FSA in Scotland
Last updated on 26 March 2010
Food and feed hygiene on farms in Scotland
Since 2006, there has been legislation in place relating to the hygiene of food and animal feed on farm. The legislation lays out what’s required for good hygiene practice, good animal feeding practice and record keeping in relation to farm activities, which are known as 'primary production'.
Primary production of food includes growing of plant products, stock that is farmed, milk production, egg production, honey production and products obtained by hunting and fishing.
Primary production of feed includes the growing and harvesting of plant products, milking, rearing of animals (prior to slaughter) and fishing for the purpose of animal feed production. Also included are: transport, storage and handling of primary products at the place of production, transport to deliver from the place of production to a processor and mixing of feed for own use without any additives (except silage).
They are required to:
- follow good hygiene practice
- manage operations to control food and feed safety hazards
- keep records relating to food and feed safety and control of hazards
- register as a food and/or feed business with the local authority or check if you qualify via existing registration with a recognised agricultural scheme
An inspection is an enforcement activity that can be used to help food and feed businesses comply with food law. This will help ensure safe food production and provide evidence of a safe export market that is vital to the Scottish agricultural industry. The inspection consists of checking documents and records and assessing farm operations and facilities, such as storage, transport and equipment etc. Records might include feed purchases and sales (invoices are adequate), use of plant protection products, use of veterinary medicines, including withdrawal periods, and pest control.
Inspections are undertaken by authorised officers of either local authorities or the Scottish Government Rural Payments and Inspections Directorate (SGRPID), who carry out food and feed hygiene inspections whilst undertaking cross compliance inspections.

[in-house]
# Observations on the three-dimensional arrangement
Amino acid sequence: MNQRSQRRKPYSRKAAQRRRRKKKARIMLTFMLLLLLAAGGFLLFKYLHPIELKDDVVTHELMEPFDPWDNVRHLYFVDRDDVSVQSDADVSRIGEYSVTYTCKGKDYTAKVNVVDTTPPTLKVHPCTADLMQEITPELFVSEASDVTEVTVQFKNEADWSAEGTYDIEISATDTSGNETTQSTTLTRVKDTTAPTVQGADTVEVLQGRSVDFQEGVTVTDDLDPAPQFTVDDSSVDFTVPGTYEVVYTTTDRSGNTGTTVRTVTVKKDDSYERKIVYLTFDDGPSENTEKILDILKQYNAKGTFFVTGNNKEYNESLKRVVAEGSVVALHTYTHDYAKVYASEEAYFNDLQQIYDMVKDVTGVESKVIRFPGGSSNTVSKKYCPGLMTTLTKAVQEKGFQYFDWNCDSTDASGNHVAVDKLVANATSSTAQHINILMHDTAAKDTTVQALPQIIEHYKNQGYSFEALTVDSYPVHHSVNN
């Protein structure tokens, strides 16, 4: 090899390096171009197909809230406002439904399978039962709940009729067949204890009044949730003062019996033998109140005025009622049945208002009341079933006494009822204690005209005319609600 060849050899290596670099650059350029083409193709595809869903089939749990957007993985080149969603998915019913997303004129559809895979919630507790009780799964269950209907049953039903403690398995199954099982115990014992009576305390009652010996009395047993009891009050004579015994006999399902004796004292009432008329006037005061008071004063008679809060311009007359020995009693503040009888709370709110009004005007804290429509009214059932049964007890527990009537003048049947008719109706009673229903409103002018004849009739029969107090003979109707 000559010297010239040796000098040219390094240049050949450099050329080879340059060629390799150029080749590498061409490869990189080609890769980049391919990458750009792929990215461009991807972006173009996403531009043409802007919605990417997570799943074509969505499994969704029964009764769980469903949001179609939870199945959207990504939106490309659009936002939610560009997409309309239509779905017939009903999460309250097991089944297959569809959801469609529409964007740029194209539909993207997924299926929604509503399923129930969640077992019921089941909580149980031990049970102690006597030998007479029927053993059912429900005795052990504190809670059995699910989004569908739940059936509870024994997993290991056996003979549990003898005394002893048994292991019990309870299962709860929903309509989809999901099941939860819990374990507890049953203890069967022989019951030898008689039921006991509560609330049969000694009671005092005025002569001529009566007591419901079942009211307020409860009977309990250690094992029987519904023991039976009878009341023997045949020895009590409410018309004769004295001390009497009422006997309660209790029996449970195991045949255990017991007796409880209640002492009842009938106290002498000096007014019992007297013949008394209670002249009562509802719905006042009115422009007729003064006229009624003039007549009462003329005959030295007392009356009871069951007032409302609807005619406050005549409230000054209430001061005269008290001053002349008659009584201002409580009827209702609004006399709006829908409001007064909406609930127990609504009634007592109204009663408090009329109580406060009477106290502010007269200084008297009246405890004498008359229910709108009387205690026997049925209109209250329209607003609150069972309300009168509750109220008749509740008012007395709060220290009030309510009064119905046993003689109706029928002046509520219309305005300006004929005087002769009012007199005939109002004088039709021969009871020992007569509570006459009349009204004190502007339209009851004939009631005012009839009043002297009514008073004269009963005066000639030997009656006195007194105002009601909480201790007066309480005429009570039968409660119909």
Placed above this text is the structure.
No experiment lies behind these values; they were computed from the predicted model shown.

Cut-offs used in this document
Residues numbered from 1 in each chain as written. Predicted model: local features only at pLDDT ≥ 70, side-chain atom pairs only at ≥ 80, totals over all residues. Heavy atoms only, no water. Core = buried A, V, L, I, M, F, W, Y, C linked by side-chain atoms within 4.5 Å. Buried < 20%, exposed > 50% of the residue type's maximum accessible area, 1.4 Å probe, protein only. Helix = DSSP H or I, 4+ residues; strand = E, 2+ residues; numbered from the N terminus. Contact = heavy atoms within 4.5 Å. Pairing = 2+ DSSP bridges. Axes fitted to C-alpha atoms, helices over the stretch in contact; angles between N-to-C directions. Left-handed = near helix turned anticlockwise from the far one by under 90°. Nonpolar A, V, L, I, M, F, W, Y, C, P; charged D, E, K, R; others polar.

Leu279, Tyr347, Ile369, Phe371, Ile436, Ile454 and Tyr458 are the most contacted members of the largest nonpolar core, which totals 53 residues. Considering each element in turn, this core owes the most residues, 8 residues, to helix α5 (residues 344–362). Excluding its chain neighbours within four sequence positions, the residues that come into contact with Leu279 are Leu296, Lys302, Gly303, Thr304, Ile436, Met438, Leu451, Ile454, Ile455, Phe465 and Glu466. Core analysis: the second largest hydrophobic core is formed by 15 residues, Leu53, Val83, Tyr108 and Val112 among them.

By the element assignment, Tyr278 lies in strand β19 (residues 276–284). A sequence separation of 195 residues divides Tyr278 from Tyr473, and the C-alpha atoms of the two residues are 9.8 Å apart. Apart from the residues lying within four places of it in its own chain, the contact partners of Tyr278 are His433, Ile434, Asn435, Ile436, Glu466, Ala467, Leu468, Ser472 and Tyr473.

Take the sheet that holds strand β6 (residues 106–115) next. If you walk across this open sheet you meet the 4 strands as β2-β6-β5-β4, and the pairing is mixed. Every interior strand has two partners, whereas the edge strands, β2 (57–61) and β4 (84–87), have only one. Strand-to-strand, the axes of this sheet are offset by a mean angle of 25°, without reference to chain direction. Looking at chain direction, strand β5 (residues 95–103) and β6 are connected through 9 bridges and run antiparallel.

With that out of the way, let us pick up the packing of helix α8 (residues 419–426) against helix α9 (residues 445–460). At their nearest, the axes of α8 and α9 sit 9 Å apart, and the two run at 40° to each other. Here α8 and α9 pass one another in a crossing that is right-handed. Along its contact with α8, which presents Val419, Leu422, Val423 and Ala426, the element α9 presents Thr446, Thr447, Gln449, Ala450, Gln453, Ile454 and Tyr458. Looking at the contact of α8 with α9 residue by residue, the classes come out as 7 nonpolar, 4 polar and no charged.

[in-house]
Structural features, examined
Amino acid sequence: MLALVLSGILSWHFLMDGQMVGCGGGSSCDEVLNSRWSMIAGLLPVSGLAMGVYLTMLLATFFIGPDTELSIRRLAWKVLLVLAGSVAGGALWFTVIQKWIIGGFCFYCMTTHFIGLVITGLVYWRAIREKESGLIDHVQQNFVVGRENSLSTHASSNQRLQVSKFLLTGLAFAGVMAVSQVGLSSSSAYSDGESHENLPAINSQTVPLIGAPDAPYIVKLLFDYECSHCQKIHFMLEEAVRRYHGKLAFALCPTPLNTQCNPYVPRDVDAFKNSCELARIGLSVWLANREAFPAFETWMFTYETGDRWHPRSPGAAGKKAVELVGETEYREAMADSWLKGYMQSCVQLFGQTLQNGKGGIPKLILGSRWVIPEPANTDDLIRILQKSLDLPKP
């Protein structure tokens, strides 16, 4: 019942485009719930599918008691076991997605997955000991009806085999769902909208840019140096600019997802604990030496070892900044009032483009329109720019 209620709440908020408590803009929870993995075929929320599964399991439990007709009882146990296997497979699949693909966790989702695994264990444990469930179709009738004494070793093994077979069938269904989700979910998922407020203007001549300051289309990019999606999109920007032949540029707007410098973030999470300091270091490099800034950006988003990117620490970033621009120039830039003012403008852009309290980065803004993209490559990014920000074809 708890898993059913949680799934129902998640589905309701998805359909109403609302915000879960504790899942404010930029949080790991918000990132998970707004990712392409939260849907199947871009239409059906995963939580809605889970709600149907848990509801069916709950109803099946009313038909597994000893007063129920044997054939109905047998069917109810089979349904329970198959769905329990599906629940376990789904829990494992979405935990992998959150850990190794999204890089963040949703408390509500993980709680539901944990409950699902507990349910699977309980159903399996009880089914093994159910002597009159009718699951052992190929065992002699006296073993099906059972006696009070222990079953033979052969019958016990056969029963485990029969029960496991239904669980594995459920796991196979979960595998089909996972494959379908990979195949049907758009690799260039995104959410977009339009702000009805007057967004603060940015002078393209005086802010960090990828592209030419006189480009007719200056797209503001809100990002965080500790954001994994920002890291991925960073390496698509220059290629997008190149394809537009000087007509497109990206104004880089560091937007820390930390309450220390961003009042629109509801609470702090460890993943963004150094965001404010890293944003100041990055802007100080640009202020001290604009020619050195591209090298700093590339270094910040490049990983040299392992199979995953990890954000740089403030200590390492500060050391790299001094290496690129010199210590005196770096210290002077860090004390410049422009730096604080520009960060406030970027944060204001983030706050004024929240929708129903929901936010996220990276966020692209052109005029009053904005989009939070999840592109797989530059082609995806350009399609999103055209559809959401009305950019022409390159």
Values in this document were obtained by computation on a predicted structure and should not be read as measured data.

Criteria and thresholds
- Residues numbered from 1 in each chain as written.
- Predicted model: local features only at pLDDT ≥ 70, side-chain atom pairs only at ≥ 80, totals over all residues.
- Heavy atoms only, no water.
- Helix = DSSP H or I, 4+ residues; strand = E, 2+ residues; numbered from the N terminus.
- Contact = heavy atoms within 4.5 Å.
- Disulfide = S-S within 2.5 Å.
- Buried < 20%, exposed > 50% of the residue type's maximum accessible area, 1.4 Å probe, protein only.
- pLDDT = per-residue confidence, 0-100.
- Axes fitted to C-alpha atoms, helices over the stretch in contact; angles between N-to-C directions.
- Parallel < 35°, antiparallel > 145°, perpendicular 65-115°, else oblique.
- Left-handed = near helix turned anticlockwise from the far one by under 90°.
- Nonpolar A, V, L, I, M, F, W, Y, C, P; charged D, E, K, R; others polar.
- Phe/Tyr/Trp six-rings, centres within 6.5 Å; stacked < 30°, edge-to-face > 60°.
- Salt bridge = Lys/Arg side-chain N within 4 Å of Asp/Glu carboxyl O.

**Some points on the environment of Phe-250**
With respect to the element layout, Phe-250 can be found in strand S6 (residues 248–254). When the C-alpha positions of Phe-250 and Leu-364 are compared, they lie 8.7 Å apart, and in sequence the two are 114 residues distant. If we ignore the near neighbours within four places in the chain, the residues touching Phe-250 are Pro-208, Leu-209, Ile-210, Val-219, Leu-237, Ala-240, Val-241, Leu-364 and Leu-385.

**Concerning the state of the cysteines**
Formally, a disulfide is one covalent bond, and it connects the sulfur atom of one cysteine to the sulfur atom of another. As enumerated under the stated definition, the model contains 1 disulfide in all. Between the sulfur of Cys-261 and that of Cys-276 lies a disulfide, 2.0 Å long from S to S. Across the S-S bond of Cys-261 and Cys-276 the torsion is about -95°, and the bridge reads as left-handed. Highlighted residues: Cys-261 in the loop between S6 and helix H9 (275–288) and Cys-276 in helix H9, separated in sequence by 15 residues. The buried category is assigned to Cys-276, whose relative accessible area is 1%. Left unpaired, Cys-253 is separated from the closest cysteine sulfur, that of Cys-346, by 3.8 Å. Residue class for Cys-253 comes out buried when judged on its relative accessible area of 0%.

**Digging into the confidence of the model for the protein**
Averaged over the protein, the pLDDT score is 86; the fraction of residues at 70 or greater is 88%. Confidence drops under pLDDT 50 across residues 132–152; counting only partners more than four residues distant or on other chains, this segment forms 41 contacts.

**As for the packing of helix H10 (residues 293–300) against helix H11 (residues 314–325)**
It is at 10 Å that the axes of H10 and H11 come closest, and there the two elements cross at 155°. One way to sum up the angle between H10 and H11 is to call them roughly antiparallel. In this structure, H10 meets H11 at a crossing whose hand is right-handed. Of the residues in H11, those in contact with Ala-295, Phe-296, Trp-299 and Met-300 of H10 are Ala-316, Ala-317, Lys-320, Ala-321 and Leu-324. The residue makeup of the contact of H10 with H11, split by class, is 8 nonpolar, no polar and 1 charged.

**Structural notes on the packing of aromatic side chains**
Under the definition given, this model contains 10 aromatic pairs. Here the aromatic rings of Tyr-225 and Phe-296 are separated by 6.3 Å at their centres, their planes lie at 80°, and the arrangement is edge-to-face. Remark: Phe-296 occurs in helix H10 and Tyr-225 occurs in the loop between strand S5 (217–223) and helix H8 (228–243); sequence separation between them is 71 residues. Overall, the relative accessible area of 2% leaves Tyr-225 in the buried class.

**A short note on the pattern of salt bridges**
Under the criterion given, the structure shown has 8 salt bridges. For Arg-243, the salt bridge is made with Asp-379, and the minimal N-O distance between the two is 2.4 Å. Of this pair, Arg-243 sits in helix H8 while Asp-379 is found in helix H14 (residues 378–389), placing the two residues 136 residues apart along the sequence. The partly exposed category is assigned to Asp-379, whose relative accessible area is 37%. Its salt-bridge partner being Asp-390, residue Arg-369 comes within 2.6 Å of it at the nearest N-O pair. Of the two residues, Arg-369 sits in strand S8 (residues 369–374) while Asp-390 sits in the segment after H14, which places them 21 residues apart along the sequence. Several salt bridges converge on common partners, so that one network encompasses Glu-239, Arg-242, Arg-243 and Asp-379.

An initial inspection of each farm will take place over the next few years (approximately 2,000 per year). The business will then be risk rated, which takes into account compliance with the hygiene regulations and membership of relevant assurance schemes.
Farm assurance scheme standards are there to ensure that consumers and the trade have confidence that produce is of a high standard. Many scheme standards go beyond the legal requirements. The Food Standards Agency (FSA) recognises membership of farm assurance schemes in the risk rating and farmers signed up to farm assurance schemes can typically expect to receive inspections at a lower frequency than non-members, although this will also depend on other factors such as inspection outcomes and complaints received.
A two-year pilot is currently underway in Scotland to examine the relationship between membership of assurance schemes and levels of compliance.
As well as local authority officers carrying out hygiene inspections, these officers may also go on farm for animal health and welfare, and weights and measures purposes. In addition to SGRPID officers carrying out cross compliance and hygiene inspections, they are also responsible for, among other things, cattle identification inspections. Animal Health, a government agency, may also go on farm for disease control purposes.
The Agency has:
- Engaged with Scottish Government to reduce the total number of farm inspections. This fits with Scottish Government’s objectives under the Scotland’s Environment and Rural Services (SEARS) project.
- The Agency has trained and authorised SGRPID officers to carry out primary production inspections, whilst carrying out their cross compliance inspections, therefore reducing additional inspections.
- Trained local authority officers are carrying out food and feed primary production inspections at the same time.
- A Scottish Primary Production Enforcement Working Group meets throughout the year to discuss the implementation of on-farm food and feed hygiene enforcement. Industry is represented by National Farmers Union Scotland and the Scottish Crofting Federation.